With A Bout Of Colic!!
Stayed fairly moderate temperature-wise last night so I got up with hopes of catching a ride or two. I fed the Boys a nice warm, wet feed and then went out into the arena to poo pick as best I could. I worked for about an hour, then started to head back in only to see Toby lying down in Tucker's stall.
I watched him for a few minutes and noticed he was looking at his belly. Uh oh!! I got him up and put his halter on with the lunge line and he started pawing the ground. With him, that's a clear sign of an upset stomach. I took him out to the arena and walked him for a while, but he kept on showing signs of wanting to go down again, so it was back to the barn and a phone call to the vet. Dr. Perez called me back quickly and said she was on her way, about 30-40 minutes out.
I started walking Toby again, adding a bit of trot on the longe since getting his insides jiggling is often a way to break up any gas to help get his gut moving. He did drop a nice pile of manure, a good sign, but it didn't ease his discomfort.
Dr. Perez was soon here. She gave Toby a dose of banamine, and some tranquilizer which seemed to make him feel a little better. She checked his vital signs and listened to his gut. There were hardly any gut sounds at all--a bad sign. She did a rectal exam and said his secum was filled with gas. So the next step was to tube him with oil to break up any possible blockages.
But then, once she had the nasal tube in his stomach, liquid started coming out of it, another bad sign. Since horses cannot vomit, such reflux is an indication that something was keeping his stomach from emptying properly--another sign of a possible blockage. She essentially flushed his stomach, by adding some water and then using it to siphon out the contents of his tummy.
Then, it was a matter of waiting until the sedative wore off to see if he was feeling any relief. Soon, he lay down again, not the best sign, but as he lay there he started to pass some gas. We watched him for quite a while, did a bit of longeing again to see if that might help and finally, after about another hour, he seemed to be much brighter.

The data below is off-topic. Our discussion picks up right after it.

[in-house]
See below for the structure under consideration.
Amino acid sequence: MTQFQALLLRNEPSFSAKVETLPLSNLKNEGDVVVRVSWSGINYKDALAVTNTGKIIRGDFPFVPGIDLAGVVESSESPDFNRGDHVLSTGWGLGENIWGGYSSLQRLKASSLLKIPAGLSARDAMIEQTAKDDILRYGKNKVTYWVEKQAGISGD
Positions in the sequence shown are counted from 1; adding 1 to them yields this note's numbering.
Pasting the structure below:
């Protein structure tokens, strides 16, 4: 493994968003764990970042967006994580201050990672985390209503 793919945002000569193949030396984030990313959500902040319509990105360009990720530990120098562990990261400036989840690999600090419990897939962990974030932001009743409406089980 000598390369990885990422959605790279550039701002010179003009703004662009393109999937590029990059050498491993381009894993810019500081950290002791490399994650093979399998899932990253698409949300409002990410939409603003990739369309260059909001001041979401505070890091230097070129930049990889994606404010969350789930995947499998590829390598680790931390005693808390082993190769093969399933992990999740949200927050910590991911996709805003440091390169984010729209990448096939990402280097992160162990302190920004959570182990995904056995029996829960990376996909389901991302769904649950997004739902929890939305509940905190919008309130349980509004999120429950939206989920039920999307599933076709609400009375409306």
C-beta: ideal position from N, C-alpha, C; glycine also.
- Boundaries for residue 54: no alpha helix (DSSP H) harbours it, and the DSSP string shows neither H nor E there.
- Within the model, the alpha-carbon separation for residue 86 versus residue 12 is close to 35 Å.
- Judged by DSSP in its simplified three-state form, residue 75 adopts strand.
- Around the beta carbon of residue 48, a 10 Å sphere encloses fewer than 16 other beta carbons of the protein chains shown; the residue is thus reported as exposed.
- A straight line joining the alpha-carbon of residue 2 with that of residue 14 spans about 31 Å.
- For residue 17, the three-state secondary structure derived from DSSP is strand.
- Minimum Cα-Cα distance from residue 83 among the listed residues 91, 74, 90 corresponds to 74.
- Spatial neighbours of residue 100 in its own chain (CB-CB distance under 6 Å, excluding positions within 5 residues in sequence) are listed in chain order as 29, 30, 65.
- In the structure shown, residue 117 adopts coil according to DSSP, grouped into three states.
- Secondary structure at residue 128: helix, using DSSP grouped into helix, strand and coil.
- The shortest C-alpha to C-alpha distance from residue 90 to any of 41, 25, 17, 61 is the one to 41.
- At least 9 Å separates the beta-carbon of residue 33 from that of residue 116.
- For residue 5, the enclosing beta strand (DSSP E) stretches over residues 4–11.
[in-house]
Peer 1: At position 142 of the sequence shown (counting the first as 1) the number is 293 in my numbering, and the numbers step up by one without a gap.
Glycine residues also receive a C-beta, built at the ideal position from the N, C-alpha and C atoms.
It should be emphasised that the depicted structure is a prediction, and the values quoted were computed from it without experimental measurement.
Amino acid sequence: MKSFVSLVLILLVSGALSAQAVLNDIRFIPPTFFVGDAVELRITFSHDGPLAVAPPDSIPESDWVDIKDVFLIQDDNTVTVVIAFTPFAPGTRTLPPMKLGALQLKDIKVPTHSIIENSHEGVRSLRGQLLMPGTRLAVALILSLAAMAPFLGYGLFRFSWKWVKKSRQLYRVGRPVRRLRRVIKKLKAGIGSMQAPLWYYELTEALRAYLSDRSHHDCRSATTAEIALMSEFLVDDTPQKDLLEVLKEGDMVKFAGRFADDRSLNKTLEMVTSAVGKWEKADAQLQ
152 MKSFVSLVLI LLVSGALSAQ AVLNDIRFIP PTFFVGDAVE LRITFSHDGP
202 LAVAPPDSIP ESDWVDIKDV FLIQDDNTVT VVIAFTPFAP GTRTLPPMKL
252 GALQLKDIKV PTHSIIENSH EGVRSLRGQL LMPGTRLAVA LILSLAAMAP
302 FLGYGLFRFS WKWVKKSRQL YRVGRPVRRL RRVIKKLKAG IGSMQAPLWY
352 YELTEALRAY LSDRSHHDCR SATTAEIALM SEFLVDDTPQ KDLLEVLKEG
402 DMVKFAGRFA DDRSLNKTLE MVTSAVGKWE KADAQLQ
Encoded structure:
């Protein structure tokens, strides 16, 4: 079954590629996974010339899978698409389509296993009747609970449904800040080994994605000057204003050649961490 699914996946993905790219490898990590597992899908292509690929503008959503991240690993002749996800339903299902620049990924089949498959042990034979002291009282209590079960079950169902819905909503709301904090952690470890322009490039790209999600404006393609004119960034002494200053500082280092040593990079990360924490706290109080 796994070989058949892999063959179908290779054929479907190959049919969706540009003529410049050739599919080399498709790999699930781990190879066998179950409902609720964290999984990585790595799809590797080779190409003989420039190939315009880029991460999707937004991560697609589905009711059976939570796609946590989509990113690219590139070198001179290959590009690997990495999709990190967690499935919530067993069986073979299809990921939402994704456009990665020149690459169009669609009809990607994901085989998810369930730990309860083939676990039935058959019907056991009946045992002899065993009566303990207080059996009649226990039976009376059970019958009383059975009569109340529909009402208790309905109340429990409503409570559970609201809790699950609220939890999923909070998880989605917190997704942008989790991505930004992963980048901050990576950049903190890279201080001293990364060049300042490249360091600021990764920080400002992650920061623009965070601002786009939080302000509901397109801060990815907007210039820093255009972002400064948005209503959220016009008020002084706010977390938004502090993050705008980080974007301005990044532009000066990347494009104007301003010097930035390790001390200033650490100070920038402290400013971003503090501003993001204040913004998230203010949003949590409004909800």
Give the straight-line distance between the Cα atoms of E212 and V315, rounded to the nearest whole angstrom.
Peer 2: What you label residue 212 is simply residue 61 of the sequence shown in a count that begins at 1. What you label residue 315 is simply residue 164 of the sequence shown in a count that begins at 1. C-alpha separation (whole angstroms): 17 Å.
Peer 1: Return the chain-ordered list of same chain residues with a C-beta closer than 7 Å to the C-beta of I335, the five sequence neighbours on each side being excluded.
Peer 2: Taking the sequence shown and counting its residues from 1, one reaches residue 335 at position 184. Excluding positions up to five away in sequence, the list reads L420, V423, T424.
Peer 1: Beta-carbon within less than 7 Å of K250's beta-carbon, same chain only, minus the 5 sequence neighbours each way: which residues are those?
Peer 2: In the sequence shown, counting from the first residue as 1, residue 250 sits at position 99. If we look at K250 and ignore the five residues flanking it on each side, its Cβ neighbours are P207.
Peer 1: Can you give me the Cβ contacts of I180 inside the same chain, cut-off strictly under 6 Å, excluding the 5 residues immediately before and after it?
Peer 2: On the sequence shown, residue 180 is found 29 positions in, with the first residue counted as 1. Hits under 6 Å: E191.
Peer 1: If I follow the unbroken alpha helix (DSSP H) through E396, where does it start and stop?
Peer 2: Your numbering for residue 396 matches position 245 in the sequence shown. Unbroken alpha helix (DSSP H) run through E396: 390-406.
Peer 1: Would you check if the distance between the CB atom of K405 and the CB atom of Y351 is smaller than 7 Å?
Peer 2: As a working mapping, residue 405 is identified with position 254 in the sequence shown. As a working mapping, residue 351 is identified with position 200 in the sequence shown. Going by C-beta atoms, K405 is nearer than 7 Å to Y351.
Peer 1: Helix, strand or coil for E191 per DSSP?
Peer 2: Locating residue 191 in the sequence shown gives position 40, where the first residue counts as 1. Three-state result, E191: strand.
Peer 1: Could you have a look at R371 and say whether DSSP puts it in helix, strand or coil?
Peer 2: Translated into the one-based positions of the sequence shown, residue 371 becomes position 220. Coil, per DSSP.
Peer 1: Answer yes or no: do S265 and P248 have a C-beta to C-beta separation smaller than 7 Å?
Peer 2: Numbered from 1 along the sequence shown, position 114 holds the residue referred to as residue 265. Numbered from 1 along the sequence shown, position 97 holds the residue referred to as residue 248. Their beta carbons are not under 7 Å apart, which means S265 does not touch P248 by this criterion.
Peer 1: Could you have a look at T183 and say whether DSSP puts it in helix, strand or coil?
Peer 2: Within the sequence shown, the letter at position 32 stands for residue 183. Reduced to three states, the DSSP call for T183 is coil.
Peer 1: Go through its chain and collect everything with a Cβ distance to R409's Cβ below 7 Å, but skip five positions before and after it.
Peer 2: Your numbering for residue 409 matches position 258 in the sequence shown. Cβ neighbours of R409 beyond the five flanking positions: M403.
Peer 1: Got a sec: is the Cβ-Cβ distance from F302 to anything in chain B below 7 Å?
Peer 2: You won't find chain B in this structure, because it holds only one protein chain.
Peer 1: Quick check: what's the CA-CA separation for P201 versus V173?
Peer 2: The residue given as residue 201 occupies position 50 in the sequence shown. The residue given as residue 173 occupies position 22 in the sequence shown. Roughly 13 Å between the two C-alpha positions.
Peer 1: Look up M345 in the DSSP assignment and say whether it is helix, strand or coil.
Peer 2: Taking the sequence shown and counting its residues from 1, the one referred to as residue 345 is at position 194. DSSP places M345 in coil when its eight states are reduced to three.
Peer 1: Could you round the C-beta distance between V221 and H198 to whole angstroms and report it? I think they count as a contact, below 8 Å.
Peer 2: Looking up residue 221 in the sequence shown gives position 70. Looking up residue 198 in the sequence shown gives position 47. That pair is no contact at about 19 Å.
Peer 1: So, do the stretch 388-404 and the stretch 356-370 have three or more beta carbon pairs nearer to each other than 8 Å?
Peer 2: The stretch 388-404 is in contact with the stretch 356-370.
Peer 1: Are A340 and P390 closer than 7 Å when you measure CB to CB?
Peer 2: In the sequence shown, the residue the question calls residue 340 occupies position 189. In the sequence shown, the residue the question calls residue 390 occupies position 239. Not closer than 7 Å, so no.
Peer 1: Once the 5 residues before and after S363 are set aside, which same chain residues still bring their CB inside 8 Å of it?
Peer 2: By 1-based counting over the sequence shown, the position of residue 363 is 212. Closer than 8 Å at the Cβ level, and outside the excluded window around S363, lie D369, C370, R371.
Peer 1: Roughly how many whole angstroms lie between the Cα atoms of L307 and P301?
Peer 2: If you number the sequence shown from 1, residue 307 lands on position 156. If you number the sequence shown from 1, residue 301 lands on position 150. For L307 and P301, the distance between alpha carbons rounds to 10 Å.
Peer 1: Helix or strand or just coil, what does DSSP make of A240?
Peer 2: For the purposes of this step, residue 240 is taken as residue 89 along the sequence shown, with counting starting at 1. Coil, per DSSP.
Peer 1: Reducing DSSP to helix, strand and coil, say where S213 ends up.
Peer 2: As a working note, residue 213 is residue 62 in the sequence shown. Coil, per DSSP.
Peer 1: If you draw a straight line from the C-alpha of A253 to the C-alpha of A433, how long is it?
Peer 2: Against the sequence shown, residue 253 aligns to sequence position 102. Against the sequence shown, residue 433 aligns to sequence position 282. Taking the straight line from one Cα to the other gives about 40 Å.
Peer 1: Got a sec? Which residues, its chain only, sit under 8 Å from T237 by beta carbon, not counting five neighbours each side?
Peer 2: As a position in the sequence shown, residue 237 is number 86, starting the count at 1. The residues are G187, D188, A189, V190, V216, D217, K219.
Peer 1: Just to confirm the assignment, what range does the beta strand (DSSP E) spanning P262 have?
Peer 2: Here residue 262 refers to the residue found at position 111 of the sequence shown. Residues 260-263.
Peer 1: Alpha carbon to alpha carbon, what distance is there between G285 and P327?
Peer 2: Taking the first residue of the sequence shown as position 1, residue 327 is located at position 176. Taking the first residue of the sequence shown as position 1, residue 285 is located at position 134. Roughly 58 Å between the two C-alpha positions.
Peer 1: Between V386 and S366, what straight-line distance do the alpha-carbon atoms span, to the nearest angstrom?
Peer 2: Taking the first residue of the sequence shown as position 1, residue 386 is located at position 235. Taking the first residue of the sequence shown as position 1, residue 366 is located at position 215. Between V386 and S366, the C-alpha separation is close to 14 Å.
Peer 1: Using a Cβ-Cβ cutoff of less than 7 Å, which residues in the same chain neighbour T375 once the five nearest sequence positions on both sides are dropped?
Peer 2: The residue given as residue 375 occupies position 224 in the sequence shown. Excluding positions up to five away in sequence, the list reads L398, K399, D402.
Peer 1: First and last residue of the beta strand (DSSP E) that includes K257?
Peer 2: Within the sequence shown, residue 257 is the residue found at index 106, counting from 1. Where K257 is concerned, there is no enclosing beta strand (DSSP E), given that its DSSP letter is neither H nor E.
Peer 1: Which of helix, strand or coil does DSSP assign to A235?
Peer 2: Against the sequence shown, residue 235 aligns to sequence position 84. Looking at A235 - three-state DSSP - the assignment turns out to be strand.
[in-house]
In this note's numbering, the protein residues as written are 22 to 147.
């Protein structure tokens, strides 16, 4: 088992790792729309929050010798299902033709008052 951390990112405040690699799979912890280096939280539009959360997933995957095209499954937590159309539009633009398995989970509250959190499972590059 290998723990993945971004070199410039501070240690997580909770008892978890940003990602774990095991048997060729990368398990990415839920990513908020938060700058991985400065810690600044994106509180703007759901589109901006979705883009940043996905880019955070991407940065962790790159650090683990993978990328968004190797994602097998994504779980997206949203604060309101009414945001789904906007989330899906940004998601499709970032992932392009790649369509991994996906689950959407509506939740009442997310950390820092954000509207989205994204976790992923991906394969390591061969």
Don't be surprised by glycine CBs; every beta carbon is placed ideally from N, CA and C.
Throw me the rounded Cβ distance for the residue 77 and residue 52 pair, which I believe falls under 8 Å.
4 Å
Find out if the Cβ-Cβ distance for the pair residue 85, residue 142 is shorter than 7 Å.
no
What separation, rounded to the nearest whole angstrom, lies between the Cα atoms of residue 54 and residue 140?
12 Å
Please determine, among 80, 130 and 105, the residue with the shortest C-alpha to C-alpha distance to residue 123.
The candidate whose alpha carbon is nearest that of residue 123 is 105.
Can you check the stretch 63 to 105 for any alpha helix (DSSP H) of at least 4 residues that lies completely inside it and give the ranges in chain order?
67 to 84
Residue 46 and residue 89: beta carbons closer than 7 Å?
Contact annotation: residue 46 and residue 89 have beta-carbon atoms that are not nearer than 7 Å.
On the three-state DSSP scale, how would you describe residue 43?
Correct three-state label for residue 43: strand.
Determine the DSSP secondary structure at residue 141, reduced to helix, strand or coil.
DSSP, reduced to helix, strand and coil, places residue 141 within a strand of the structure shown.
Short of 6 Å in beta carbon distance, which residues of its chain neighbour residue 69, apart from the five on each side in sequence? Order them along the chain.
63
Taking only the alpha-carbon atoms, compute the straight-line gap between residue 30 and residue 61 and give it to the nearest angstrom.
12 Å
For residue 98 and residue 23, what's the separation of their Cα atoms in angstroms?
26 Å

I have monitored him all day. I gave him a very small portion of alfalfa cubes well soaked in warm water and will do so again in another hour or so. I spent the afternoon stripping his stall of all the hay and old bedding so he has a nice fresh bed of shavings.
The "window of opportunity" in the title is the weather. It really became quite lovely this afternoon and after I hitched up the drag and groomed the arena, I may well have been able to ride at least a little. But then, I still had not stripped the stall, so tractor and I took another good span of time to do that, leaving the better part of the day eaten up. I still had plenty of daylight left but as the afternoon wore on it got colder and colder until even my newly groomed arena was frozen back up into icy ridges.
Just to show you how cool my vets are, when I came inside after a quick shopping trip to get some milk, there was a message on my answering machine from Dr. Perez, checking up on Toby. I did not call her back, as she said she was actually hoping NOT to hear from me but she also assured me that if I needed her she would be on her way.
The other Boys were quite interested in all the activity today, taking every opportunity to "help" in whatever way might call the most attention to them. That included such assistance as: walking into Toby's longeing circle, standing in the stall with the lying down Toby, nuzzling the vet as she listened to Toby's tummy in the barn aisle, observing at close quarters the tubing, and grabbing Tobys halter when he hung his head out the stall door when he was starting to feel a little better.
I just came back in after checking on the patient and so far, so good. I will feel better when I see some fresh manure in the stall, but he hasn't had anything to eat all day--prior to the two little feeds of wet cubes and he did pass manure twice this morning during the episode. Still I will be on "Poo patrol" for the remainder of the night.
Just another one of those little "joys" of owning a horse. *sigh*